While some visitors appreciate a good Pierside hotdog, residents are fed up with the negative consequences stemming from the up to 100 unlicensed vendors that gather by the Pier each weekend.

On the weekend of Oct. 23 and 24, the City doubled down on its ongoing efforts to address the unlicensed vendors with new metal barriers and the deployment of five Allied Security professionals.

Problems associated with unlicensed vendors range from minor inconveniences due to crowding, to health risks from trash and liquid dumping to the very dangerous possibility of combustible fuels burning down the 112-year-old wooden pier.

Santa Monica’s vendor licensing program is designed to prevent these problems by limiting the legal number of vendors in the area and training them on fire safety, health codes and proper trash disposal. Unfortunately, most vendors have not been going through this process and the threat of administrative citations from Code Enforcement Officers has done little to encourage compliance.

In August, City Council passed new rules prohibiting the unpermitted use of combustible fuels on and around the Pier, the dumping of commercial trash in public receptacles and the dumping of liquid waste in public areas. These rules are enforceable by a misdemeanor, if warnings and citations are exhausted, and are targeted at the specific problems caused by vendors.

On Oct. 23 and 24, the City augmented these rules using the new strategy of barriers and private security guards.

According to City Manager David White’s report in an Oct. 26 City Council meeting, metal barriers were deployed at key access points to the Pier. While these barriers prevent carts from being rolled onto the Pier, they maintain pedestrian and ADA access.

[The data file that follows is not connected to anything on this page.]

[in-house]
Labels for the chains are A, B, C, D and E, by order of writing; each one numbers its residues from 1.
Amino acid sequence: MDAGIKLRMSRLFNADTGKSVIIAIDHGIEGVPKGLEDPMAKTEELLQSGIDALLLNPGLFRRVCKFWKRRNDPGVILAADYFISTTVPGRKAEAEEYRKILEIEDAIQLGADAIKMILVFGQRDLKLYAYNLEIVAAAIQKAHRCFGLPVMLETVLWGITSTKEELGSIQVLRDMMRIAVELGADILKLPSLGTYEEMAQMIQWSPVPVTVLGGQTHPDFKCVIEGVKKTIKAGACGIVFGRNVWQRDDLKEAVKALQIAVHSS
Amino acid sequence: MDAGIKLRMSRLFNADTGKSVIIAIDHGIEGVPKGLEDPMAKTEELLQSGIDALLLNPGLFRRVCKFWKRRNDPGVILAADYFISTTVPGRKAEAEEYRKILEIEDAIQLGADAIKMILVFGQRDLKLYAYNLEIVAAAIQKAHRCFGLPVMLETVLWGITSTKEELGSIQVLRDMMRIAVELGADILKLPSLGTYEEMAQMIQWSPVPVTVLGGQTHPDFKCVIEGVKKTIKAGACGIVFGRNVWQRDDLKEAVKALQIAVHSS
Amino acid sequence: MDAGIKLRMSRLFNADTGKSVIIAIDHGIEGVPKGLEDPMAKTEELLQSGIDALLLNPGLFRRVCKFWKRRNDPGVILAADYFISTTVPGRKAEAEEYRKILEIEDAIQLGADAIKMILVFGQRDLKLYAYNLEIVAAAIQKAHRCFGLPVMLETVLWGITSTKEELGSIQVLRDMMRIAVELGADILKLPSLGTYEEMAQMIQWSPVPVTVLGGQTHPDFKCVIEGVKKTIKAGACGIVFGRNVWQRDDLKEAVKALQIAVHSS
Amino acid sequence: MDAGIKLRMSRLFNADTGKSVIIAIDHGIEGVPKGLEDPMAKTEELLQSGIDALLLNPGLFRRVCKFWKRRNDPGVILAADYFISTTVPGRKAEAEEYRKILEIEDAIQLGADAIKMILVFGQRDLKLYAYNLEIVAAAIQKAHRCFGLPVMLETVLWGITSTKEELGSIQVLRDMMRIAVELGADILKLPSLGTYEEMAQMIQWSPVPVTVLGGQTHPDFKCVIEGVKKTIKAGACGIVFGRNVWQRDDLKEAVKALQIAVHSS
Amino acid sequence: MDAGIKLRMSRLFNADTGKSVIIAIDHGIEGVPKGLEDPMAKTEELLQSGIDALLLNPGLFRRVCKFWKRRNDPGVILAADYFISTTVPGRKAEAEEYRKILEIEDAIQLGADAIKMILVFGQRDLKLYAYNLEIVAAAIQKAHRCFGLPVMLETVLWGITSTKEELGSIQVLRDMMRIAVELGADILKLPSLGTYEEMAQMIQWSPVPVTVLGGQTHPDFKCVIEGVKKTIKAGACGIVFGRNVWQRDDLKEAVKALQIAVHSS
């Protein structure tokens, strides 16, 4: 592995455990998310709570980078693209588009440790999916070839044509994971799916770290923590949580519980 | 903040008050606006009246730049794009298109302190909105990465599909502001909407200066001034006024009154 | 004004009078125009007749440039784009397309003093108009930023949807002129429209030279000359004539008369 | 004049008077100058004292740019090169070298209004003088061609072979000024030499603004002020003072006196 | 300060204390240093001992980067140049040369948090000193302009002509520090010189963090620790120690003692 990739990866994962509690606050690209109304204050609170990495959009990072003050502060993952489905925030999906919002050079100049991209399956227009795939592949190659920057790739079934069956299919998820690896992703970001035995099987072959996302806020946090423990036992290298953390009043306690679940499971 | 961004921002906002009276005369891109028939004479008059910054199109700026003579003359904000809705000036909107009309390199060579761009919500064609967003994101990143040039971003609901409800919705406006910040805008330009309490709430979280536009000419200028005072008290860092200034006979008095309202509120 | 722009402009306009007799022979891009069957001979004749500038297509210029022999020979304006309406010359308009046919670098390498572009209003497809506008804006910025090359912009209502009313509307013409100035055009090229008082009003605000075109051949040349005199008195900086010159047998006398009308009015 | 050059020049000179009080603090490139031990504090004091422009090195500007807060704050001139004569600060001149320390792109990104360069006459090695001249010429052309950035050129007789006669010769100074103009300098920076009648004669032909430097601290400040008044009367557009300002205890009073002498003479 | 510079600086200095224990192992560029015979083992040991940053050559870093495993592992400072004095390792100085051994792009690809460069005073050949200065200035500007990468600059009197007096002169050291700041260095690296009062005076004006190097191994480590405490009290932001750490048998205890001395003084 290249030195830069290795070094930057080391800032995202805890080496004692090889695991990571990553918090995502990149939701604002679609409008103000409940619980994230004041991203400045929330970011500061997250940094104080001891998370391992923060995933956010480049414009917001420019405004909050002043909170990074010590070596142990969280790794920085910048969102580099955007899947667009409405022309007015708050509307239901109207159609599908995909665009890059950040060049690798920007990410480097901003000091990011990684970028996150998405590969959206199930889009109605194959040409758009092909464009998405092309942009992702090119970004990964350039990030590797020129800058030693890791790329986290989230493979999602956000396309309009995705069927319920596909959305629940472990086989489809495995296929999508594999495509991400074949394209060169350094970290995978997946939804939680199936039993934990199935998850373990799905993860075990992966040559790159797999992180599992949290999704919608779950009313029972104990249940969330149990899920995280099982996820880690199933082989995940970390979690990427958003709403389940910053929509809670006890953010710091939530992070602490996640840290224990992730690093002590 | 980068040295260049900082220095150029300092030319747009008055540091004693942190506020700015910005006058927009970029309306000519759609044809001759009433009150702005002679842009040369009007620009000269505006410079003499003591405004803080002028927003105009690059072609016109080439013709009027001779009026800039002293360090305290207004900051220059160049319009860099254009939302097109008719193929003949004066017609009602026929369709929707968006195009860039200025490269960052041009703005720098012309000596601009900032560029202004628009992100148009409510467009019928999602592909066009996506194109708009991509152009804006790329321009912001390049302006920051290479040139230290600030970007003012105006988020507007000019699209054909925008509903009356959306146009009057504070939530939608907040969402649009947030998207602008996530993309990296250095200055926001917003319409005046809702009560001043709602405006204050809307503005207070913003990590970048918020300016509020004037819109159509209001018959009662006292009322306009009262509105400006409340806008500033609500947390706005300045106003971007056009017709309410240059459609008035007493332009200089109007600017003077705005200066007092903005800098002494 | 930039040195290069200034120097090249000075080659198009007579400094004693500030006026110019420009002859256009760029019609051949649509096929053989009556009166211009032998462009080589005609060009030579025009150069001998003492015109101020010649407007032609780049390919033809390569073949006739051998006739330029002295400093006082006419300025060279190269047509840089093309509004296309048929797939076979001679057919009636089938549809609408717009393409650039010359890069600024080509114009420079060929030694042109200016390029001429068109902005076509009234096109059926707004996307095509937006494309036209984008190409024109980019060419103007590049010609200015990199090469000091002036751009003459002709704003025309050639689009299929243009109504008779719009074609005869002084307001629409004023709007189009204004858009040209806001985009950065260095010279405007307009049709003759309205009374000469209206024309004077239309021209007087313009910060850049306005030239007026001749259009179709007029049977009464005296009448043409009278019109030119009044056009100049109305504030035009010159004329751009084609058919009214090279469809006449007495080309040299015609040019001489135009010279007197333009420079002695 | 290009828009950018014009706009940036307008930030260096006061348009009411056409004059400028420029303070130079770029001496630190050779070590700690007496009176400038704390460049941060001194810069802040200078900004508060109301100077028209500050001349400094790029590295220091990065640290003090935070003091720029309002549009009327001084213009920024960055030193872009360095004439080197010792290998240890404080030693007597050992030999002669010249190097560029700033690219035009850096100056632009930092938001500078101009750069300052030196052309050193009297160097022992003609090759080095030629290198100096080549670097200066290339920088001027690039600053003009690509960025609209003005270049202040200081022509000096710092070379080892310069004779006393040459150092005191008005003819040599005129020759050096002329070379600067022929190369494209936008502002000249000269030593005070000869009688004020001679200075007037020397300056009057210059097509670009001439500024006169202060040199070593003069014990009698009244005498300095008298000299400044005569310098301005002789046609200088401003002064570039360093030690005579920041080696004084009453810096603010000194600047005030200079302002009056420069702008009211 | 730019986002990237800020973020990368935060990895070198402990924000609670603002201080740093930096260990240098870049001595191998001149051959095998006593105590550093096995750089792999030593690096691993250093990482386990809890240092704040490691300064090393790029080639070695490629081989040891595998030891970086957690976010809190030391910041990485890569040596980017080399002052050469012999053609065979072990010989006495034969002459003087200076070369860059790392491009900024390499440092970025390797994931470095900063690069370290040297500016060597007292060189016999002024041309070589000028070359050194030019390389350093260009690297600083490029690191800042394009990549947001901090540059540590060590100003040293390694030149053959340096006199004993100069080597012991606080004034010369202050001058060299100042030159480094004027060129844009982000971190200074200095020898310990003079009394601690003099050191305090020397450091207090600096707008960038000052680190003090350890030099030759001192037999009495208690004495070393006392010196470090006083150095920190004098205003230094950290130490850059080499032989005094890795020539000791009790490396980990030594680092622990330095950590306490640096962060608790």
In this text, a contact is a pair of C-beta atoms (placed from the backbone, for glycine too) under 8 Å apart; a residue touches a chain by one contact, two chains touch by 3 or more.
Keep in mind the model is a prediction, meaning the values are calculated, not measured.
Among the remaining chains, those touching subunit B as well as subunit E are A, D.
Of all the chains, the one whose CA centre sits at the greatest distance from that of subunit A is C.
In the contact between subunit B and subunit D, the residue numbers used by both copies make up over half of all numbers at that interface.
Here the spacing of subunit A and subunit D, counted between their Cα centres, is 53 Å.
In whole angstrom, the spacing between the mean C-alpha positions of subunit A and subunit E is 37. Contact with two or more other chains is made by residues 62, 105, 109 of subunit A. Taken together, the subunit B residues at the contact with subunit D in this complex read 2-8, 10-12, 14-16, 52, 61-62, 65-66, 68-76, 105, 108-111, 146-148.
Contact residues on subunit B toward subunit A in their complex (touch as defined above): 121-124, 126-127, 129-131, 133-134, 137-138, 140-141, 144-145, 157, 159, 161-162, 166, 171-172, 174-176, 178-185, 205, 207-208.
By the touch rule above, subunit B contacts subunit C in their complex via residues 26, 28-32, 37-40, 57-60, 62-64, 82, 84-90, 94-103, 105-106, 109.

Five Allied Security officers were stationed at the access point barricades to deter unlicensed vendors.

“The private security leverages an existing City contract with Allied Security for additional safety support in downtown parking structures, to augment staffing at key access points to the Pier to mitigate unpermitted vendors from accessing the Pier,” said Public Information Officer Constance Farrell.

According to White, Fire, Police, Public Works and Code Enforcement personnel were also present over the weekend.

“The planning and coordination across the teams was very strong, and on Saturday we saw a drastic reduction in the number of vendors that were able to access the Pier deck and cook with combustible fuels on the Pier,” said White, adding that the situation was improved on Sunday as well.

White said that this is an ongoing effort that will be analyzed and adapted to maximize effectiveness. There are plans to assess the spillover effects on the beach bike bath, secure additional access points, adjust shift timings and bring Allied Security back on a consistent basis. A budget augmentation to contract with Allied Security will be brought before Council on Nov. 9.

“Consistency and continuity are keys to keeping up this momentum, so we are working to ensure continued Allied Security presence to supplement City staff at the pier on weekends,” said White.

Public Works was already planning on presenting a renewal plan of the Allied contract to Council on Nov. 9 and is now considering asking for more funds to support a longer-term presence of Allied staff at the Pier.